Anomalous holiday precipitation over southern China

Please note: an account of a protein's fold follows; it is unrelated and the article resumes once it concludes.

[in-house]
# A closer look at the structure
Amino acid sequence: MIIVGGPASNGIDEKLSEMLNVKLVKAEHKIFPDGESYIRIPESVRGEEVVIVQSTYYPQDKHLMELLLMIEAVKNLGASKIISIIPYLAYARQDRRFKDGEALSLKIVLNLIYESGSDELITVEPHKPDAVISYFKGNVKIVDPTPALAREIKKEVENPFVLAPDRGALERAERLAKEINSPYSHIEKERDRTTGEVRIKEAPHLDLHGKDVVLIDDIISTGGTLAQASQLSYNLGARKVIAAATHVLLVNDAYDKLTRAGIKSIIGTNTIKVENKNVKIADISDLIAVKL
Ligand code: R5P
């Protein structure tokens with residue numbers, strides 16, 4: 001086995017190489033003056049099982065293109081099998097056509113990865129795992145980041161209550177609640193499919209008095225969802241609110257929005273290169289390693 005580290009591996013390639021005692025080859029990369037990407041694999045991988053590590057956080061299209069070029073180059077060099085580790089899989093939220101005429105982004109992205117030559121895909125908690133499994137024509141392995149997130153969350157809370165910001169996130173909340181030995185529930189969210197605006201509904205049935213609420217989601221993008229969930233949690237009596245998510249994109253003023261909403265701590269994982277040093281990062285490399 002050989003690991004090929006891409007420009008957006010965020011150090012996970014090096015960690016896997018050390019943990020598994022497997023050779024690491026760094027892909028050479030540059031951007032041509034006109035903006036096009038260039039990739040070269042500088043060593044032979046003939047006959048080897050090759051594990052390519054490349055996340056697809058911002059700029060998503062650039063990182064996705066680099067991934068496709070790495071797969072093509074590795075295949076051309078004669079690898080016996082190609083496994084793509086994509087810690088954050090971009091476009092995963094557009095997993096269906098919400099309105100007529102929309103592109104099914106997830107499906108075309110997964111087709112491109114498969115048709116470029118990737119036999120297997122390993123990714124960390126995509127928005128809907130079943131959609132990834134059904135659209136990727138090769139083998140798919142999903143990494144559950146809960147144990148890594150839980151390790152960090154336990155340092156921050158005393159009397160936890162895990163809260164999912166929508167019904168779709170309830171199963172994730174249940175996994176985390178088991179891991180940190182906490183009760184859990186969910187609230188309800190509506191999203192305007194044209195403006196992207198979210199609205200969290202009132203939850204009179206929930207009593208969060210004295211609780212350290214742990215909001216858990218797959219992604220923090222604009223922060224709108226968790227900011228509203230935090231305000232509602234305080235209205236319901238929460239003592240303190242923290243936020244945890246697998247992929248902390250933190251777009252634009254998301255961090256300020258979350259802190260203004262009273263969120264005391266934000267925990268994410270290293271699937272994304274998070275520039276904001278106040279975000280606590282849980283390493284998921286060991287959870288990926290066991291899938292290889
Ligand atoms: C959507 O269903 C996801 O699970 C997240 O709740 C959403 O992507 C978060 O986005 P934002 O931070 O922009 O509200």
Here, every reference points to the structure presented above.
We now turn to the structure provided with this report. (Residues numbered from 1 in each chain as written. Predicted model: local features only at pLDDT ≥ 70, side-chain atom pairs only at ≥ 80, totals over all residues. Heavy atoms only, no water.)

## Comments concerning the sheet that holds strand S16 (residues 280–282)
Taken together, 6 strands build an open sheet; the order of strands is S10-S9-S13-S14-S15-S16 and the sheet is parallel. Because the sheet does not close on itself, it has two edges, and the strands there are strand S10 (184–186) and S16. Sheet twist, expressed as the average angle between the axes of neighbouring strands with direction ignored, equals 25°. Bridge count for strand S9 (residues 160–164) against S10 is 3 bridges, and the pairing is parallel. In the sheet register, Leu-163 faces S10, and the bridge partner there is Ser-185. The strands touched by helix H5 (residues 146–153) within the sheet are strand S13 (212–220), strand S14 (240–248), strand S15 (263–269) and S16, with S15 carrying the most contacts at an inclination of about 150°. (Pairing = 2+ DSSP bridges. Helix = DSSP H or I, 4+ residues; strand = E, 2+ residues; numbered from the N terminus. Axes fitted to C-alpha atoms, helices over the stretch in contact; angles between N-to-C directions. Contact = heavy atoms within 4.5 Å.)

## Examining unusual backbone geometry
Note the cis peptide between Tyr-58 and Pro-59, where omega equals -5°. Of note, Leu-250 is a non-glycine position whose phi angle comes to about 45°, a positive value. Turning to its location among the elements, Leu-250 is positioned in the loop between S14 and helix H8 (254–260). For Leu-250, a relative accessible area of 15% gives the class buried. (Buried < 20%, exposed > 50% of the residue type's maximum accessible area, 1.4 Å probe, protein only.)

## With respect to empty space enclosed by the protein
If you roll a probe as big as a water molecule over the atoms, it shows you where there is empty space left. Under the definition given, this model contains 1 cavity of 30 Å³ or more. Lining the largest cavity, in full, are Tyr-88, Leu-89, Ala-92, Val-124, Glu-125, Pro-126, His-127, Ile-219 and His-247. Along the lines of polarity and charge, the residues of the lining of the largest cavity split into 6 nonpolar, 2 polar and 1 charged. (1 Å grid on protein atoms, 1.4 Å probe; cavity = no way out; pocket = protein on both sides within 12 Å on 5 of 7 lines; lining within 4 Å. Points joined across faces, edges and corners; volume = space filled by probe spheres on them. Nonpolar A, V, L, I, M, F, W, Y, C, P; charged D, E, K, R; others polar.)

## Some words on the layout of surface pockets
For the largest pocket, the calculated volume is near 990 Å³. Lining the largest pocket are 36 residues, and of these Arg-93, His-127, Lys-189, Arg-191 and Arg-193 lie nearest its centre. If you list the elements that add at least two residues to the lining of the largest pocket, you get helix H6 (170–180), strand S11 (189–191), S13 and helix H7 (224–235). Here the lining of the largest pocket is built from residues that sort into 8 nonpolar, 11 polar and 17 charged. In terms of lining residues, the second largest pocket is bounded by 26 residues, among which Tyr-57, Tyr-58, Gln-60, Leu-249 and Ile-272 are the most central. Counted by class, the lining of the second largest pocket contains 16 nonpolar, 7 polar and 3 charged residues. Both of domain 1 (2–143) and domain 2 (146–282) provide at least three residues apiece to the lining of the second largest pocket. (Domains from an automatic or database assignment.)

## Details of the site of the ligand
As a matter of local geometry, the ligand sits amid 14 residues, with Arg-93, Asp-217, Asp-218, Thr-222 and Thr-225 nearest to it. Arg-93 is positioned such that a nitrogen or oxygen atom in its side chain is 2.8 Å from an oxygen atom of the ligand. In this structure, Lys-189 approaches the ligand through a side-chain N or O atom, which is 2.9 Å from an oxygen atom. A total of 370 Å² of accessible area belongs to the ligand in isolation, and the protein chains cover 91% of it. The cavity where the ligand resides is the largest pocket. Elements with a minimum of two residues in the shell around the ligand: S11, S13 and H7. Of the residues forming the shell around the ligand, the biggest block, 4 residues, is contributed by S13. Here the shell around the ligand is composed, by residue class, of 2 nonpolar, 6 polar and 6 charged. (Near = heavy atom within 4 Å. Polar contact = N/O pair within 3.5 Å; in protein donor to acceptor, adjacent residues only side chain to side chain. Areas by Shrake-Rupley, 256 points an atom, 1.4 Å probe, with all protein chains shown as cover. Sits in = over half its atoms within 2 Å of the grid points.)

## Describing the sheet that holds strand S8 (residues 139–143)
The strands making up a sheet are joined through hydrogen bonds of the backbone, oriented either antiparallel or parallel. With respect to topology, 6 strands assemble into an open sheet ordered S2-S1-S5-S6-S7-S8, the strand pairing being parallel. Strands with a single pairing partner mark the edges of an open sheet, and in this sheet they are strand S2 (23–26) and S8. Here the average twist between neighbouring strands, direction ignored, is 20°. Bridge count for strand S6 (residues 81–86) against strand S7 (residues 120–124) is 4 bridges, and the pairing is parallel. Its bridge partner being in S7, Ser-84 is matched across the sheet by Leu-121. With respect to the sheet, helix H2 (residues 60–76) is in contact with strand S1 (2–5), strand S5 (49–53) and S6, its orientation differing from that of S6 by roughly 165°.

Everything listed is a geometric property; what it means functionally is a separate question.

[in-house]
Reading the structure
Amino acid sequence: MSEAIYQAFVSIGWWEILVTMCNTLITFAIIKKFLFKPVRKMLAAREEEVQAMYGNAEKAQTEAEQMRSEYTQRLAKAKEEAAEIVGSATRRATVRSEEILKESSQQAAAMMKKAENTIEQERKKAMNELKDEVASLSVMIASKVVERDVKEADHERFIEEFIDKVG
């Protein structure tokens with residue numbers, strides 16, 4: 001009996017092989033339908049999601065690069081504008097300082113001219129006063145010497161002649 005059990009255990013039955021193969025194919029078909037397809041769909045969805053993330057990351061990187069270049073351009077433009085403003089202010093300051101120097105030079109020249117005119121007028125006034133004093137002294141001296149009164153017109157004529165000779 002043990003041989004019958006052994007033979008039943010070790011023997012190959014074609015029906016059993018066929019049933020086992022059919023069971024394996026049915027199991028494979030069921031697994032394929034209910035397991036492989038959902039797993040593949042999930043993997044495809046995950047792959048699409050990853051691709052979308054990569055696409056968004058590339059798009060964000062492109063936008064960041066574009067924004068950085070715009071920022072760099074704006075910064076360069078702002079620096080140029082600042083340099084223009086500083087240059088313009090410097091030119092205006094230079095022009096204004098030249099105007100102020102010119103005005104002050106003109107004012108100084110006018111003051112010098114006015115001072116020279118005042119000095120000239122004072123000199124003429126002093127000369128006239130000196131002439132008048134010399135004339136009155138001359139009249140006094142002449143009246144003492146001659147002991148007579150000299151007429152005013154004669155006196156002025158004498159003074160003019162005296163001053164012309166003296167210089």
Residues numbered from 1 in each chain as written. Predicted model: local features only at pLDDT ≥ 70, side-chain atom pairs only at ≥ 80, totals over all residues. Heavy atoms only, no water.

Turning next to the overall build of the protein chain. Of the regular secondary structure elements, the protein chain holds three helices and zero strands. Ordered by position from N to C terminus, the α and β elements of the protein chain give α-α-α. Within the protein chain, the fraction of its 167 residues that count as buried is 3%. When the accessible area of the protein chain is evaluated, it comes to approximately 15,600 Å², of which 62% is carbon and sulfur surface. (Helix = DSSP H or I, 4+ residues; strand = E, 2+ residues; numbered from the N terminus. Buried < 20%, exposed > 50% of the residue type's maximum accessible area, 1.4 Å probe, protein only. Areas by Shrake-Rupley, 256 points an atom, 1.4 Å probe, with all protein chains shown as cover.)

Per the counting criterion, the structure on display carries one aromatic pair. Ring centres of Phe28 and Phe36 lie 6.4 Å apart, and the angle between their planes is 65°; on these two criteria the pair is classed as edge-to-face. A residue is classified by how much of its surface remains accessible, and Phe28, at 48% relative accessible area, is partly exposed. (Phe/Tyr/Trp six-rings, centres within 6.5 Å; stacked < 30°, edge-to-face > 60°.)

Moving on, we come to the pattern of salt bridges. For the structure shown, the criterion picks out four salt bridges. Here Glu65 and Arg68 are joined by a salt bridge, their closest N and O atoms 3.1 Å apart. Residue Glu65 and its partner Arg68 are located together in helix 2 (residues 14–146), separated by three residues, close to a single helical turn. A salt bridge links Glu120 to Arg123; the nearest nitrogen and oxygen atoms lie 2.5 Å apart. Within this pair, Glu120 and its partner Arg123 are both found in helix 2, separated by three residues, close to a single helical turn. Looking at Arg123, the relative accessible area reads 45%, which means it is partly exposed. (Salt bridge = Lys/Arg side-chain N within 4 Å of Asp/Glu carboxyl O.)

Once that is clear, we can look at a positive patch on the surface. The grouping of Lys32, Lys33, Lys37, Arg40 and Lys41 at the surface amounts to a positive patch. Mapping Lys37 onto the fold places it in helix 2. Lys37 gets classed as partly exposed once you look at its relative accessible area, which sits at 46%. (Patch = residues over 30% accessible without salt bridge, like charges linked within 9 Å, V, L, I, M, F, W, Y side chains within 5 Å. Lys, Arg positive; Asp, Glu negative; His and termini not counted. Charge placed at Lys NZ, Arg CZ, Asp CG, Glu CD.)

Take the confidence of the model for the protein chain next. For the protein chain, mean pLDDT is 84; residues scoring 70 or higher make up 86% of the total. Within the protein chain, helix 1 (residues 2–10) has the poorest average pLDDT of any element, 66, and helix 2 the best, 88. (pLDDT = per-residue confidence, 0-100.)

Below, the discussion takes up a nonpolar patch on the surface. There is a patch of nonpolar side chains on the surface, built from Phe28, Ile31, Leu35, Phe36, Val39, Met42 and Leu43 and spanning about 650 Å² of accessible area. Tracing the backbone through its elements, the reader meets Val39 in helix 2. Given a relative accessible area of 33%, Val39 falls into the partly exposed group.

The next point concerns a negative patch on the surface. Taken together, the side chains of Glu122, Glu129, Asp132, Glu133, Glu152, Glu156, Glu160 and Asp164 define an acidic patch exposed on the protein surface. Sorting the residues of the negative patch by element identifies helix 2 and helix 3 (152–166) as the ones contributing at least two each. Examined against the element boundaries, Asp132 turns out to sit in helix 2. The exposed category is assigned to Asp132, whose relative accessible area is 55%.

Abstract. The Chinese Spring Festival (CSF, also known as the Chinese New Year or Lunar New Year) is the most important festival in China. Lunar New Year's Day (LNYD) is the first day of the Lunar New Year. Traditionally, the CSF holiday begins a couple of days before LNYD and ends on lantern day, lasting for approximately 2 weeks. In this paper, based on the long-term station observations from 1979 to 2012, the precipitation during the holiday over southern China (108–123° E and 21–33° N, 155 stations) tends to be lower than that before and after the holiday. The mean precipitation frequency anomaly from the fourth day to the sixth day after LNYD (i.e., days [+4, +6]) decreases by −7.4 %. Simultaneously, the daily precipitation amount experiences a reduction of −0.62 mm day−1 during days [+2, +5]. The holiday precipitation anomalies are strongly linked to the anomalies of relative humidity (ΔRH) and cloud cover. The station observations of the ΔRH show an evident decrease from day +2 to day +7, and a minimum appears on days [+4, +6], with a mean of −3.9 %. The ΔRH vertical profile displays significant drying below approximately 800 hPa. Between 800 and 1000 hPa, the mean ΔRH is −3.9 %. The observed station daytime low cloud cover (LCC) evidently decreases by −6.1 % during days [+4, +6]. Meanwhile, the ERA-Interim daily LCC also shows a comparable reduction of −5.0 %. The anomalous relative humidity is mainly caused by the decreased water vapor in the lower-middle troposphere. Evident negative specific humidity anomalies persist from day −3 to day +7 in the station observations. The average specific humidity anomaly for days [+4, +6] is −0.73 g kg−1. When the precipitation days are excluded, the anomaly remains significant at −0.46 g kg−1. A significant water vapor deficit is observed in the lower troposphere below 700 hPa. Between 800 and 1000 hPa, the mean specific humidity drops by −0.70 g kg−1. This drier lower-middle troposphere is due to anomalous northerly winds, which are closely related to the cyclonic circulation anomaly over the northwestern Pacific. The time-lag correlation demonstrates that approximately 1 week after a lower temperature occurs over eastern China, a stronger cyclone is observed over the western Pacific. The possible mechanism needs further clarification through elaborate observation and numerical modeling.